The deltoid and teres minor are critical for normal shoulder function and are innervated by the axillary nerve. Compression of the axillary nerve can result in pain, weakness, and atrophy in some patients. Humeral osteophytes, malignancies, hyper- trophied musculature, malunited scapular fractures, and fibrous bands in quadrilateral space syndrome have all been identified as causes of axillary nerve compression (Table 1). Although axillary nerve compression is infrequent, accurate and timely diagnosis is critical to prevent chronic atrophy and weak- ness of the shoulder girdle.
When axillary nerve compression is present, patients often describe posterior shoulder pain, weakness, and decreased athletic performance. In chronic cases, deltoid atrophy and weakness may be present on examination. Magnetic resonance imaging can be useful to confirm the diagnosis by showing neurogenic edema or fatty infiltration of the deltoid or teres minor. It also provides the opportunity to evaluate soft-tissue causes of compression and the presence of concomitant shoulder pathology.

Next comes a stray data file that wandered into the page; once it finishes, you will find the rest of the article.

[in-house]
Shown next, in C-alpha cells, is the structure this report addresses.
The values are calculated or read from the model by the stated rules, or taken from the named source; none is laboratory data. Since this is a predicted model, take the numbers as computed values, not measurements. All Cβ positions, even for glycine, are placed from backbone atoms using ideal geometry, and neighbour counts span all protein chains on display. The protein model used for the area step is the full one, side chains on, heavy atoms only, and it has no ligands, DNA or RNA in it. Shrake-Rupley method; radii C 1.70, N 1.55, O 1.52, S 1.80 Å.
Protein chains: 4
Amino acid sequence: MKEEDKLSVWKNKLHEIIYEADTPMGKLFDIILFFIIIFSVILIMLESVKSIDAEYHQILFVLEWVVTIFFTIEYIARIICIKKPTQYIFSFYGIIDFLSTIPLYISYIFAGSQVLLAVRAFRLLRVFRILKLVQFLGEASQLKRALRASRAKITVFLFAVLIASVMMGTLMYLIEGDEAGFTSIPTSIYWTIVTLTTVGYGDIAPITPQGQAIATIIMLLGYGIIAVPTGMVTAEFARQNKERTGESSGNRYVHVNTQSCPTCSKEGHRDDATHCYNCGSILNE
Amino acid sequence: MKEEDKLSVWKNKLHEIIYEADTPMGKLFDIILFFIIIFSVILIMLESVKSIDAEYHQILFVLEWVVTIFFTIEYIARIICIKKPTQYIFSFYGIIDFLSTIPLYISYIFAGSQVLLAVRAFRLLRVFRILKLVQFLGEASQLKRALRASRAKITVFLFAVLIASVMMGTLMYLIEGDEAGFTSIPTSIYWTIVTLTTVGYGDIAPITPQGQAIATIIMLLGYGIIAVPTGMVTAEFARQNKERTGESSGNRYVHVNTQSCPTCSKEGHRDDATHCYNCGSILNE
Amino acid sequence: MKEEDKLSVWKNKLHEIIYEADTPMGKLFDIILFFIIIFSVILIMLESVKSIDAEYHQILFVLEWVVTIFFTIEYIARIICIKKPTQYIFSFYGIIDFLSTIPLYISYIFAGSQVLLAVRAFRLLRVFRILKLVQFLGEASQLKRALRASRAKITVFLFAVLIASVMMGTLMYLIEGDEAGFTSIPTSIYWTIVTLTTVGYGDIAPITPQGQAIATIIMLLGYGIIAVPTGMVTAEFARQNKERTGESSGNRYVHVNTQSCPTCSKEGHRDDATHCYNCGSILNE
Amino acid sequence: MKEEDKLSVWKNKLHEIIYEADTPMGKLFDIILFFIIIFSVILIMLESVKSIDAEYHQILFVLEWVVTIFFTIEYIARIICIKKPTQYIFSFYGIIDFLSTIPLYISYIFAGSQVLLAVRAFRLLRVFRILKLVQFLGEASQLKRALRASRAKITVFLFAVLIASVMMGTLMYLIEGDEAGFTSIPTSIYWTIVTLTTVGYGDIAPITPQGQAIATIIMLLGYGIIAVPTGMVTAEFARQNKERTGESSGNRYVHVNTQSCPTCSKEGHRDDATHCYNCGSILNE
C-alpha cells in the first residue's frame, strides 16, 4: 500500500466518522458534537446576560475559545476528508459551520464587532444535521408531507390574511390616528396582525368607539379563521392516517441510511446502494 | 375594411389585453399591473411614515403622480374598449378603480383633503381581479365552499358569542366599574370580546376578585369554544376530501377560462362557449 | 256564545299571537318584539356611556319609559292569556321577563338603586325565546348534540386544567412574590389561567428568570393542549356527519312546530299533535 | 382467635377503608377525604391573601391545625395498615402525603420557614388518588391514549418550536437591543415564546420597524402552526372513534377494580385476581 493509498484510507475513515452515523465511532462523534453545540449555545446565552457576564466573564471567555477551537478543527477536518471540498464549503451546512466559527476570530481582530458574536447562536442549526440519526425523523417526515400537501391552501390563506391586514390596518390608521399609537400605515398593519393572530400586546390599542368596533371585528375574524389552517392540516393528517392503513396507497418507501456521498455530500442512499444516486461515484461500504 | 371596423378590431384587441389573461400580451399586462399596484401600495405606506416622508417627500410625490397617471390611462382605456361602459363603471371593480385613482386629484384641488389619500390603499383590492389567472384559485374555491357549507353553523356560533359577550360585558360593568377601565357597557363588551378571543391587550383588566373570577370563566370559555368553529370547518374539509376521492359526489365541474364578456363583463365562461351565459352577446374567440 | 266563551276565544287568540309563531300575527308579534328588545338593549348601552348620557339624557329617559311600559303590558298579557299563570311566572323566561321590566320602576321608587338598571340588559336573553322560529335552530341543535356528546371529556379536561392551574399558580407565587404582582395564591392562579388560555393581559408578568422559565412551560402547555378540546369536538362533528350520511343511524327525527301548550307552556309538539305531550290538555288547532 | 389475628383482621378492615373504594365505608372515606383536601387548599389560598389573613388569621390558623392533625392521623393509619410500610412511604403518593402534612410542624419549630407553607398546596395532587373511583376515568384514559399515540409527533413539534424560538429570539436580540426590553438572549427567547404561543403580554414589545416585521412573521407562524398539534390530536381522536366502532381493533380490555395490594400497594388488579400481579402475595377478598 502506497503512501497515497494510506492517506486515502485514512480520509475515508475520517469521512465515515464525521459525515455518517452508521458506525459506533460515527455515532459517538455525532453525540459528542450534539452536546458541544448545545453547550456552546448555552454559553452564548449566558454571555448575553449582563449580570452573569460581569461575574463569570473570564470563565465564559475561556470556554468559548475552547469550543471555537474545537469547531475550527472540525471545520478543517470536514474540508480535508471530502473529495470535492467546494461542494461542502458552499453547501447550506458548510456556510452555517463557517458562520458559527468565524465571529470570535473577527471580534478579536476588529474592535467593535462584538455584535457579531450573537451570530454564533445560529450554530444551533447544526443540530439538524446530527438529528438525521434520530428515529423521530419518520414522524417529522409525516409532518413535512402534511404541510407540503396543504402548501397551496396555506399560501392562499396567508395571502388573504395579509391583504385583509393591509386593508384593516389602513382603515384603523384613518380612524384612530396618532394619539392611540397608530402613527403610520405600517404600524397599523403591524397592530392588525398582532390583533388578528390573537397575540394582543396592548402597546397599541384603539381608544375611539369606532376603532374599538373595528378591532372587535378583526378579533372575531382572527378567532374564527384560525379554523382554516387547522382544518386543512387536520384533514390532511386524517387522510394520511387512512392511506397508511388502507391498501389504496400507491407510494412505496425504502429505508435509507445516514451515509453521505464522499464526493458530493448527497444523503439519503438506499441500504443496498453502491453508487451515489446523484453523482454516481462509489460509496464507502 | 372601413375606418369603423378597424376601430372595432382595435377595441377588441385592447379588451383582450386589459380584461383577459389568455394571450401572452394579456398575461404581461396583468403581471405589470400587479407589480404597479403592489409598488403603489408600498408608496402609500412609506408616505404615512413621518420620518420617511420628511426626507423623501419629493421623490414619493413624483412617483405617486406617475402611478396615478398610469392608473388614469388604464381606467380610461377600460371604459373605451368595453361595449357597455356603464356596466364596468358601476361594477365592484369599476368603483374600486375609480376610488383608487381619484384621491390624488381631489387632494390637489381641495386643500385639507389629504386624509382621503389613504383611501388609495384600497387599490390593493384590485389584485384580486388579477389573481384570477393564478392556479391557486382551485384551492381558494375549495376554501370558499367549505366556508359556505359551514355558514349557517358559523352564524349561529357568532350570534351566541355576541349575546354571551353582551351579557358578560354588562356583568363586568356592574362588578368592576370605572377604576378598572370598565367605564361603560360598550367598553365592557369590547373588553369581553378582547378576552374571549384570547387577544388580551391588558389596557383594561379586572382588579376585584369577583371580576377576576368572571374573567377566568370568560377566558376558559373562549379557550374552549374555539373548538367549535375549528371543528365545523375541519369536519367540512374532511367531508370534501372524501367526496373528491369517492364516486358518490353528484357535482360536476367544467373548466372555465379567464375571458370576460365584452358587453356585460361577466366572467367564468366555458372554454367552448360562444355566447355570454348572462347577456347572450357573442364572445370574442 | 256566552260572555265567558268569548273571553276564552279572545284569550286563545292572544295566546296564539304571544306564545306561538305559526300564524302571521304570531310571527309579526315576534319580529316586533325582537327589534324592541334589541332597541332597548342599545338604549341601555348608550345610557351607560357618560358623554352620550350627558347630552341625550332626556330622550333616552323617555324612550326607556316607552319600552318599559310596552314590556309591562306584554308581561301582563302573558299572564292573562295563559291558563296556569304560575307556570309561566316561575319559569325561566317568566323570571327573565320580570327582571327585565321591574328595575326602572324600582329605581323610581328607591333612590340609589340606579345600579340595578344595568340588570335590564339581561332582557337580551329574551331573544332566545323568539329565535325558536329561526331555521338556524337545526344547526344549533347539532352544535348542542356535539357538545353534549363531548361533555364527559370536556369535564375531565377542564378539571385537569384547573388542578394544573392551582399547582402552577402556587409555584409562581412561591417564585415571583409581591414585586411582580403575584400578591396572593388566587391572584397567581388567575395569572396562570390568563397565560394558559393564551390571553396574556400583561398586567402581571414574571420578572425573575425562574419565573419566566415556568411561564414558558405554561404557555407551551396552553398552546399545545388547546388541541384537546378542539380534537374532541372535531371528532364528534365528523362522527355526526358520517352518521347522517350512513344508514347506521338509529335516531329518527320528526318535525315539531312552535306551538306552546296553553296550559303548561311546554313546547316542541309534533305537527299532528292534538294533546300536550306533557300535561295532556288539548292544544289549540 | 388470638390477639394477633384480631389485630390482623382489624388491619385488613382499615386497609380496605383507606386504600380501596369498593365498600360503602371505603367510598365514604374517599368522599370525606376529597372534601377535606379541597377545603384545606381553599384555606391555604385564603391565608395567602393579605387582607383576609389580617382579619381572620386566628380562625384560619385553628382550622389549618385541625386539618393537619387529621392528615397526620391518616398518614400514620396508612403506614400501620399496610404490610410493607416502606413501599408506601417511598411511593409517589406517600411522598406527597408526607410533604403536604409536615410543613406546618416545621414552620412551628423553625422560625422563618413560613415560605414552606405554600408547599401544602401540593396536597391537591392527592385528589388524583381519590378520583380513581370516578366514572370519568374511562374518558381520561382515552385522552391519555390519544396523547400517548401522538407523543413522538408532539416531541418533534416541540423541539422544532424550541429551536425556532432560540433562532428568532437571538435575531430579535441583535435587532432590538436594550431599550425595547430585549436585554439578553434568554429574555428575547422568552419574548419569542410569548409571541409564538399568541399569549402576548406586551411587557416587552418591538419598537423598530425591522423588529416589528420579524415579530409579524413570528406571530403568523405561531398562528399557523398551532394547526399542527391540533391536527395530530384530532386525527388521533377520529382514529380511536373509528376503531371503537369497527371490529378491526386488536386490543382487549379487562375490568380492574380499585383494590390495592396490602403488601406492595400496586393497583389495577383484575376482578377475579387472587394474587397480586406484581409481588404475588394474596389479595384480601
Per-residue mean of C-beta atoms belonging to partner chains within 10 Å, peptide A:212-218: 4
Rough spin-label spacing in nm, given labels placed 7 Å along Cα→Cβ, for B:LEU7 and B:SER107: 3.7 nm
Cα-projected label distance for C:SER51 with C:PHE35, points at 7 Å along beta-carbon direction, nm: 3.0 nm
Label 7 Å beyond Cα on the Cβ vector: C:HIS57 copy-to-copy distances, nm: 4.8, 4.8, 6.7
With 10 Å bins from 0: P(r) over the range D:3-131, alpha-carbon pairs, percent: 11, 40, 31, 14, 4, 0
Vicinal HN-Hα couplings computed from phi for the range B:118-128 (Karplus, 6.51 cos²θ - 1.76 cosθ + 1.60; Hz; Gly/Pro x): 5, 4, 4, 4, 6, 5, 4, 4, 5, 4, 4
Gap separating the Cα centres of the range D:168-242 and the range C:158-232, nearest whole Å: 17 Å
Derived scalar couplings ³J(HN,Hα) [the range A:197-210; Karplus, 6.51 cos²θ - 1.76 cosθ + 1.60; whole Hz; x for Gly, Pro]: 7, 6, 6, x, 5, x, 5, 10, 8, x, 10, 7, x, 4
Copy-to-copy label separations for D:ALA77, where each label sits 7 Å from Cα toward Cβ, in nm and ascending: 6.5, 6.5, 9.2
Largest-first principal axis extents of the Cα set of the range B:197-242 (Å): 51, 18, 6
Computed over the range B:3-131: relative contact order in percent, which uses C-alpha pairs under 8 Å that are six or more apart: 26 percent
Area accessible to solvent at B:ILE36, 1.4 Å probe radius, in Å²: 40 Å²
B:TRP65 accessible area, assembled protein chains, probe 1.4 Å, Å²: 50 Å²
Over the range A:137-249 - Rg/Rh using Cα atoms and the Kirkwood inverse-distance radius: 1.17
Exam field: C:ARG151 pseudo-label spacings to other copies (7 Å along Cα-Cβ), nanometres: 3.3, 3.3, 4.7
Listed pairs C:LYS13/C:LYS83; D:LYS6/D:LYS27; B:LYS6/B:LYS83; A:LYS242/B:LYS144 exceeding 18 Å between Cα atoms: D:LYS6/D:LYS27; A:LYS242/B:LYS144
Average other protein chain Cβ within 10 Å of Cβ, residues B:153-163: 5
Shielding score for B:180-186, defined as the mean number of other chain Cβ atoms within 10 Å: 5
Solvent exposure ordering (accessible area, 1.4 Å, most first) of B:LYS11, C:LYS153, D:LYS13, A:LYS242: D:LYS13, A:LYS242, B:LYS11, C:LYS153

The indications for axillary nerve decompression are not completely defined and continue to evolve. For this reason, the initial treatment of patients diagnosed with axillary nerve compression is usually nonoperative. Patients are directed to discontinue aggravating activities, and a general shoulder rehabilitation program is initiated that includes shoulder strengthen- ing and scapular stabilization exercises. Failure to improve over a 3- to 6-month period or the presence of large compressive lesions may necessitate surgical intervention. Arthroscopic axillary nerve decompression is a novel procedure that we have primarily used to treat recalcitrant quadrilateral space syndrome and as a joint preservation procedure in young patients with large impinging humeral osteophytes.